If making the shard meringue, preheat the oven to 100 degrees °C. If not, skip the shard section and preheat the oven to 200 degrees °C.

For the shard meringue start by setting up a double boiler on a medium heat, and place the eggwhite and caster sugar into the top bowl. Continually whisk the mixture over the heat until the sugar has completely dissolved and it begins to look smooth, white and creamy, approx. 5 minutes.

Remove the bowl from the heat and transfer the contents to a mixing bowl of a stand mixer fitted with the whisk attachment. Set the stand mixer to the highest setting and whisk until the meringue has aerated and is stable, approx. 5 minutes.

Line a flat large (approx. 35cm x 30cm) baking tray with baking paper, then pour the meringue in a line down the tray. Using a pallet knife spread the meringue into a thin, even layer across the baking paper. Place the meringue into the oven and allow to dehydrate for an hour.
Remove the tray from the oven and allow to cool. Once cool, gently flip the meringue over and softly peel the baking paper off. Snap the meringue into desired shard shapes.  

For the yoghurt panna cotta, fill a bowl that will fit the gelatine sheets with room temperature water. Place the gelatine sheets into the bowl and allow to soften until needed.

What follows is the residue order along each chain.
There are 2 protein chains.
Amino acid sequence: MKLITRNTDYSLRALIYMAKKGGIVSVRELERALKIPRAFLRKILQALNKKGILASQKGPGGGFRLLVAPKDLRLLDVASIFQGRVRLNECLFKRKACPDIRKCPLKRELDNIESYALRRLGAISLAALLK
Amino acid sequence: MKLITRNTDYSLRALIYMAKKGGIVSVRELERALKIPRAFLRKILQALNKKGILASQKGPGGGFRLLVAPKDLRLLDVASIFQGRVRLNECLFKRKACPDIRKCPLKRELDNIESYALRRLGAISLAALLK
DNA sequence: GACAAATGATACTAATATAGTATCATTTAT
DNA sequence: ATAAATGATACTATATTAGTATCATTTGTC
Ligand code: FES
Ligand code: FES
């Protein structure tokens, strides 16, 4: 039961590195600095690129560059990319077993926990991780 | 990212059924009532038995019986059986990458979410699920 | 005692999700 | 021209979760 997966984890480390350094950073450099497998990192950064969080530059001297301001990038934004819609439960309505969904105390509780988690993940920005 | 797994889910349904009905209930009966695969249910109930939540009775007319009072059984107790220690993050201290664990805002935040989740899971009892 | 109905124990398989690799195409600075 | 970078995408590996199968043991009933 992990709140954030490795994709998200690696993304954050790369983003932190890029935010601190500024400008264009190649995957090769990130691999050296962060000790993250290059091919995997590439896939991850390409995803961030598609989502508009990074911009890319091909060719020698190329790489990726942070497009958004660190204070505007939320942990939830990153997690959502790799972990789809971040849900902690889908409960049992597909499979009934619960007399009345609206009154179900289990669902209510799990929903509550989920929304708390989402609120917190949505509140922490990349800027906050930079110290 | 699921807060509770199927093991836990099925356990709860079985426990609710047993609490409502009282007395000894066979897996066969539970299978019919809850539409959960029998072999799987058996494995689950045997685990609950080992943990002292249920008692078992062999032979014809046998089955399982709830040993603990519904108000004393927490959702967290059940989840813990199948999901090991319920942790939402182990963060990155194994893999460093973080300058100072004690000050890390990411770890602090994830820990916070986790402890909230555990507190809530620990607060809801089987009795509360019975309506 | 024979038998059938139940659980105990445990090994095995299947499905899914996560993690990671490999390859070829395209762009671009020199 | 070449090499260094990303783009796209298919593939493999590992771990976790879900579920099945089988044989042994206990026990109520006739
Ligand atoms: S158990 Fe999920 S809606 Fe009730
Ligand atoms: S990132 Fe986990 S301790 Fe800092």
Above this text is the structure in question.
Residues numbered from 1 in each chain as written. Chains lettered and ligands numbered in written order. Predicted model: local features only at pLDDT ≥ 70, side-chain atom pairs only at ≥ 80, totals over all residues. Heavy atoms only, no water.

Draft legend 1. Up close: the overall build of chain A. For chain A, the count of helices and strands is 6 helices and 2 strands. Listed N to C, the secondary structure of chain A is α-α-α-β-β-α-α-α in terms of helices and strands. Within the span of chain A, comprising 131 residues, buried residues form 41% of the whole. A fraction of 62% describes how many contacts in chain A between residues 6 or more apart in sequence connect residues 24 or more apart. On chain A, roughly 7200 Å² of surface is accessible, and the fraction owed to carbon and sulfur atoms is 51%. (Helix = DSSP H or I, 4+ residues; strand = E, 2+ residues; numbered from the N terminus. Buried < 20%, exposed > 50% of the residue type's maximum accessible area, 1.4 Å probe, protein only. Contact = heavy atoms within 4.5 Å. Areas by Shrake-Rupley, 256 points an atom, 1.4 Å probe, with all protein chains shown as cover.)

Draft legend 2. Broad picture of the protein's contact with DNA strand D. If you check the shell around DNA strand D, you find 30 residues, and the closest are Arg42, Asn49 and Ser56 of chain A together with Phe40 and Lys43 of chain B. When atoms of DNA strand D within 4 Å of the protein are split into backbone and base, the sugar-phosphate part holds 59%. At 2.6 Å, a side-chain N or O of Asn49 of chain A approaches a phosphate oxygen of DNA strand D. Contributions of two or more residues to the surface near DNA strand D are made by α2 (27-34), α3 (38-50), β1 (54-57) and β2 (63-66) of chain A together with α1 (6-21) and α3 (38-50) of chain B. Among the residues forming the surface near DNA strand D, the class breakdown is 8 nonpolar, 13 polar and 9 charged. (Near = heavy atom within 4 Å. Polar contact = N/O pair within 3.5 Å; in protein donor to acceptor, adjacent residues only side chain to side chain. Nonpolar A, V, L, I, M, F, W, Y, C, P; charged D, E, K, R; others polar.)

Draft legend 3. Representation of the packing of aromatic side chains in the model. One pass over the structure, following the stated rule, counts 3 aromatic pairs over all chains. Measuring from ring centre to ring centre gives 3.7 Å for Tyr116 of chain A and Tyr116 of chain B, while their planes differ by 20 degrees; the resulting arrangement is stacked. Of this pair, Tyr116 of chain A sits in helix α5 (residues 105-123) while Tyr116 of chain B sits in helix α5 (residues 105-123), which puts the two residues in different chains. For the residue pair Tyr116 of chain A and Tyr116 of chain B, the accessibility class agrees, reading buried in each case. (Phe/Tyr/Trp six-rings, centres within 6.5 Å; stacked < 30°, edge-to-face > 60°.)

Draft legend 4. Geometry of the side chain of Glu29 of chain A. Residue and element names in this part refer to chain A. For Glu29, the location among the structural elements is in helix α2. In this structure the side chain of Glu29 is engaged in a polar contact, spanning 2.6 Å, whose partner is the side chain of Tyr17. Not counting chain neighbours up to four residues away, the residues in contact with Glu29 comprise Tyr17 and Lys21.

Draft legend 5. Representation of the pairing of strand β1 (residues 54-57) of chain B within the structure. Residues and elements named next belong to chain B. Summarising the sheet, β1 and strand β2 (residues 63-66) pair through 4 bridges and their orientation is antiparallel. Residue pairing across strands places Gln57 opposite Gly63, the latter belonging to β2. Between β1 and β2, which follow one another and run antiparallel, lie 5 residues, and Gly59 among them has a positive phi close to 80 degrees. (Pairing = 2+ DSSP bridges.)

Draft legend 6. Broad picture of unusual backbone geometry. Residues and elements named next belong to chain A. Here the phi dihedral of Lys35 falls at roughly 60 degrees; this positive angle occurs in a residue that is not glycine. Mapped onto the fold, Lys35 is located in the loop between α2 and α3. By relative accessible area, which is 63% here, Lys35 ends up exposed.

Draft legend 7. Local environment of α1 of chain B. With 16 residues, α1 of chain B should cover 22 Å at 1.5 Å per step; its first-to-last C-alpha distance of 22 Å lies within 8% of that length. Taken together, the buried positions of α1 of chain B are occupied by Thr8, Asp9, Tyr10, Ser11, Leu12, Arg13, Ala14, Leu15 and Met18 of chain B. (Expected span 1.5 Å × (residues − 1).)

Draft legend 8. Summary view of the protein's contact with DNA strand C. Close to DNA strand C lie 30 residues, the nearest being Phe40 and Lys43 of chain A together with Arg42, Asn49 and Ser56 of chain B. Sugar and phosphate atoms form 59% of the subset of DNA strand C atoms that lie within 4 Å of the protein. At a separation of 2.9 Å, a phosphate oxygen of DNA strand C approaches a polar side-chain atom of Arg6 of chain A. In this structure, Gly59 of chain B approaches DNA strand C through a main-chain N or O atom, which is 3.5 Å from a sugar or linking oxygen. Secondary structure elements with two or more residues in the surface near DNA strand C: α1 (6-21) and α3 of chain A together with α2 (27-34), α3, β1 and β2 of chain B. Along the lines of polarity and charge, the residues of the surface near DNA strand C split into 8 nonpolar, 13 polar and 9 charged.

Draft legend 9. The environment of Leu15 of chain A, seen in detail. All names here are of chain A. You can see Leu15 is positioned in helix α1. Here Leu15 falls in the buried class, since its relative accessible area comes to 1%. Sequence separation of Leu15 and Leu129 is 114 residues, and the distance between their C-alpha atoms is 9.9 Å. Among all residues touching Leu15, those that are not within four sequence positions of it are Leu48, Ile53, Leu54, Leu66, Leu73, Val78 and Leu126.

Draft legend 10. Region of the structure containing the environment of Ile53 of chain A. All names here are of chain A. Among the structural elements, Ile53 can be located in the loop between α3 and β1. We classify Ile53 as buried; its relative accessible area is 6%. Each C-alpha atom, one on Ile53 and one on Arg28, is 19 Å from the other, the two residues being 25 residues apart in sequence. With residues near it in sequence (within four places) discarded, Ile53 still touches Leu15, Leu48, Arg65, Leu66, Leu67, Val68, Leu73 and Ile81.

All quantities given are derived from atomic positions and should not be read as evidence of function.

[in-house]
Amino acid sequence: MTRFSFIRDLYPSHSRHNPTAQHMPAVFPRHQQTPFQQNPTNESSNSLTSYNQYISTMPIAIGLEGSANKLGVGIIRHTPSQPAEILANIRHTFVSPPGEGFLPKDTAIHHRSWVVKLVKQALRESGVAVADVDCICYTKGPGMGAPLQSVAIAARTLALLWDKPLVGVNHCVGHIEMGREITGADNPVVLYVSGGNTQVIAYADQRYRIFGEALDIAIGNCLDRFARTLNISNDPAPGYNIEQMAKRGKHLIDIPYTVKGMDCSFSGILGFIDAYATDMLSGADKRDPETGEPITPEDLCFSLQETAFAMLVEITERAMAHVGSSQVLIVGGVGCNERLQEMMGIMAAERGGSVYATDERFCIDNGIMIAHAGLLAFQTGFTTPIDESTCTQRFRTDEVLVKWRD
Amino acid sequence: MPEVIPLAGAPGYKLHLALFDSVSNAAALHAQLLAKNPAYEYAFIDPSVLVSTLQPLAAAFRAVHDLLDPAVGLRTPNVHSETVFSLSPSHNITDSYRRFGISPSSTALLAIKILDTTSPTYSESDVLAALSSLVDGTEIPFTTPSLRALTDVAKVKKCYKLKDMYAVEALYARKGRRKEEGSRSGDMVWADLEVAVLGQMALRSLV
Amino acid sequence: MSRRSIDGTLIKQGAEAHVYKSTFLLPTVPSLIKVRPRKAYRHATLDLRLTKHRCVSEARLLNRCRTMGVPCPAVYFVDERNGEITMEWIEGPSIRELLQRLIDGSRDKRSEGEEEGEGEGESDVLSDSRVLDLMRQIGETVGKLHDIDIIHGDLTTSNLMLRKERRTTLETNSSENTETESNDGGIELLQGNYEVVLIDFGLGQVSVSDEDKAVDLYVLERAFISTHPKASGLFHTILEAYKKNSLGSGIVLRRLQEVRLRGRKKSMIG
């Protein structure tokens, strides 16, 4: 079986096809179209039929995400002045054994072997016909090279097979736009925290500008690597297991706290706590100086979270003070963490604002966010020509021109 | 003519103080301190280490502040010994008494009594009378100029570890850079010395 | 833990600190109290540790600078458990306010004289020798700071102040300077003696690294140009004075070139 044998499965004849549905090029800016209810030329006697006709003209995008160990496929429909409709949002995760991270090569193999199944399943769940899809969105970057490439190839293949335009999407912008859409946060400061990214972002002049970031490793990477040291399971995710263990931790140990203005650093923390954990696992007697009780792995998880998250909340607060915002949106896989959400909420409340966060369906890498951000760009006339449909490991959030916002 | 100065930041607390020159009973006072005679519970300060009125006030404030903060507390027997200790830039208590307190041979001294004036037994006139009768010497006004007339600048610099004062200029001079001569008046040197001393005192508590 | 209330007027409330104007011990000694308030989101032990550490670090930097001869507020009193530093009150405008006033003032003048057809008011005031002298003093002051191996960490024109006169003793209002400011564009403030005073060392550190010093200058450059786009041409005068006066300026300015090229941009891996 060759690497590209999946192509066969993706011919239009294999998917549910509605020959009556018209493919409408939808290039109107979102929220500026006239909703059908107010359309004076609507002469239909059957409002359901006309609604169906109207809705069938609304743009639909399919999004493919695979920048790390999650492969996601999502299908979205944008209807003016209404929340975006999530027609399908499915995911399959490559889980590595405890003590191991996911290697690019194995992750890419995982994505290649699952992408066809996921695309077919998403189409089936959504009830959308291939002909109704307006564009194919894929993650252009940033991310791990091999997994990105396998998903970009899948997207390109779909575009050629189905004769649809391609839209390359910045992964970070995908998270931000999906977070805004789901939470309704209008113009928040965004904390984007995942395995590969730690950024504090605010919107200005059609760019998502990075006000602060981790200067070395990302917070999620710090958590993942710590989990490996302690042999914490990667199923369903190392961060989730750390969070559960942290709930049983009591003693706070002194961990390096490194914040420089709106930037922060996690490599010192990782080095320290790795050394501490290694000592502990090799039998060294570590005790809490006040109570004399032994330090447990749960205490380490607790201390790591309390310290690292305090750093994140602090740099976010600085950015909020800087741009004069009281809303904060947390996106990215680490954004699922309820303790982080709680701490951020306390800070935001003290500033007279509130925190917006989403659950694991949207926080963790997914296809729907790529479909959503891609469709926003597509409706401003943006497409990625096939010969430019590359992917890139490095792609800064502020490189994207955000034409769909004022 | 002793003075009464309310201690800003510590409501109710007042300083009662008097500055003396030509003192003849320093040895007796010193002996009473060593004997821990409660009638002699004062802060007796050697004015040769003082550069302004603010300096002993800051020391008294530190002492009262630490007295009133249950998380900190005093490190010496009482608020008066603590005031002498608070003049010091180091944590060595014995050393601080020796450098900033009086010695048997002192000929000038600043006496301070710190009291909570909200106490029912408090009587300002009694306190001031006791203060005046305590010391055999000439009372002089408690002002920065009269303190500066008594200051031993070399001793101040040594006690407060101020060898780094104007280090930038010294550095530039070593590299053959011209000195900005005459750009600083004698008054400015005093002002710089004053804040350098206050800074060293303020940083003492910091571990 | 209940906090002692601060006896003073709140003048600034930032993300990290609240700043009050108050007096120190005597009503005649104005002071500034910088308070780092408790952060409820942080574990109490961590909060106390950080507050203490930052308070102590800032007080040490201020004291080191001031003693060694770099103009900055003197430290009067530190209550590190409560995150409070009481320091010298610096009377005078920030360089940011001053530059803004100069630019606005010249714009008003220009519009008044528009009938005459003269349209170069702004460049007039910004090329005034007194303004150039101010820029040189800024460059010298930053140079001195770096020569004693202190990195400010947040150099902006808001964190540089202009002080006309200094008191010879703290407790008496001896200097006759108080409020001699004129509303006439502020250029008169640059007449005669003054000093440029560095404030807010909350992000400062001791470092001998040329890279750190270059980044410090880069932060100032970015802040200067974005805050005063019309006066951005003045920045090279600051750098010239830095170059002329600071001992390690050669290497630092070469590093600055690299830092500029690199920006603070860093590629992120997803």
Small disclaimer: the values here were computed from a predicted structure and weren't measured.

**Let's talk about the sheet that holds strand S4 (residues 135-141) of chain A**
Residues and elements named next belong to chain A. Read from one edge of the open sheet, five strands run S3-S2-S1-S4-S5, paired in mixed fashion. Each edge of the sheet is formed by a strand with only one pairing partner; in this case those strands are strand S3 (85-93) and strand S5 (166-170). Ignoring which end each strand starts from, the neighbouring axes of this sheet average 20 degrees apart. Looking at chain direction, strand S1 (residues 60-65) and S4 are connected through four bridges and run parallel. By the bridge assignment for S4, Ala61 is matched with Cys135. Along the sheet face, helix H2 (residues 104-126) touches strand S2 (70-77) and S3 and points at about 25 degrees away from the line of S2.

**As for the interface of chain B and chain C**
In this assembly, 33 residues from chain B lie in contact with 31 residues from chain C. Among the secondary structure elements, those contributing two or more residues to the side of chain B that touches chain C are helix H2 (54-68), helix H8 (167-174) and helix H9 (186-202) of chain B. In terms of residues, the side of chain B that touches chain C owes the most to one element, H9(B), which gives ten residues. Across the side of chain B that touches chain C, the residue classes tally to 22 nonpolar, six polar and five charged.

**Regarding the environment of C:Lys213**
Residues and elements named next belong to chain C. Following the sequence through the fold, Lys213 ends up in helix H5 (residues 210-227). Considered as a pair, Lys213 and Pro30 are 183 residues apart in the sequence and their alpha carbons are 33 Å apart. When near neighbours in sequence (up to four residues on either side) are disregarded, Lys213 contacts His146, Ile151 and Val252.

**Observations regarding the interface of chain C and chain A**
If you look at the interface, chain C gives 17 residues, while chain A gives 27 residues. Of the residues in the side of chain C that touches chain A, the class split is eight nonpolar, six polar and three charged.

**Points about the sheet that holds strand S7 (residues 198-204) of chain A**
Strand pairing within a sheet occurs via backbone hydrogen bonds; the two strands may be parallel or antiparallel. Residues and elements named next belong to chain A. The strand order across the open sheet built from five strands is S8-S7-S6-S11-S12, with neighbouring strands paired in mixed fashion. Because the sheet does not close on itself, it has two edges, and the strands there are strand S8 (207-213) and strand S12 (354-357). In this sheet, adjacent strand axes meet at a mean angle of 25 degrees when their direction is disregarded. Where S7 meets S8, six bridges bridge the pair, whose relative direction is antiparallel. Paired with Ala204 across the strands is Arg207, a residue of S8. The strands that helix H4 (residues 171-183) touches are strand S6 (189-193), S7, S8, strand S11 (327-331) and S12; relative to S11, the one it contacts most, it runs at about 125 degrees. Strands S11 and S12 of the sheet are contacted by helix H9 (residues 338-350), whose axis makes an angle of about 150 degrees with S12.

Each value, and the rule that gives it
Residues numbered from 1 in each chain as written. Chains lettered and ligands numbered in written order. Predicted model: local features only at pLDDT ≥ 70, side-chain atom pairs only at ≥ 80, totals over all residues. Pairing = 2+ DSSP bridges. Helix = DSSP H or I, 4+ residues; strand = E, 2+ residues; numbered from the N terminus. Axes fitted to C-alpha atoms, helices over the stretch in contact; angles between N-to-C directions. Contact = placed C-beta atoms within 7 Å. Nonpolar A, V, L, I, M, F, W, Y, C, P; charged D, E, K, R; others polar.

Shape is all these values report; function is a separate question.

Place the cream and sugar in a medium saucepan and bring to just under the boil on a medium heat. Squeeze any excess water out of the gelatine, then place into the cream and sugar mix and whisk well to combine. Remove from the heat, then whisk in the yoghurt.
Pour the mixture into 5 moulds and allow to set in the fridge for 2 hours or until firm.

For the rhubarb, increase the oven to 200 degrees °C. Place the rhubarb onto a lined baking tray and sprinkle the sugar over the top, then place another sheet of baking paper over the rhubarb. Place into the oven and bake until tender but still holding their shape, approx. 10-15 minutes, depending on how you like your rhubarb cooked.

For the strawberry syrup place the strawberries into a blender and blend well with the minimum amount (approx. 1 Tbsp) of water or any liquid (white wine/ champagne works well) until a smooth liquid is formed. Strain the mixture through a fine sieve.     

To unmould the panna cotta’s, fill a bowl deep enough to fit the entire moulds with hot water. Dip the panna cottas into the water for about 5 seconds, then carefully run a thin butter knife down to the bottom of one side. Flip the mould into the desired place on the plate and lift up to release the panna cotta. If the panna cotta doesn’t release, place back into the hot water quickly and try again.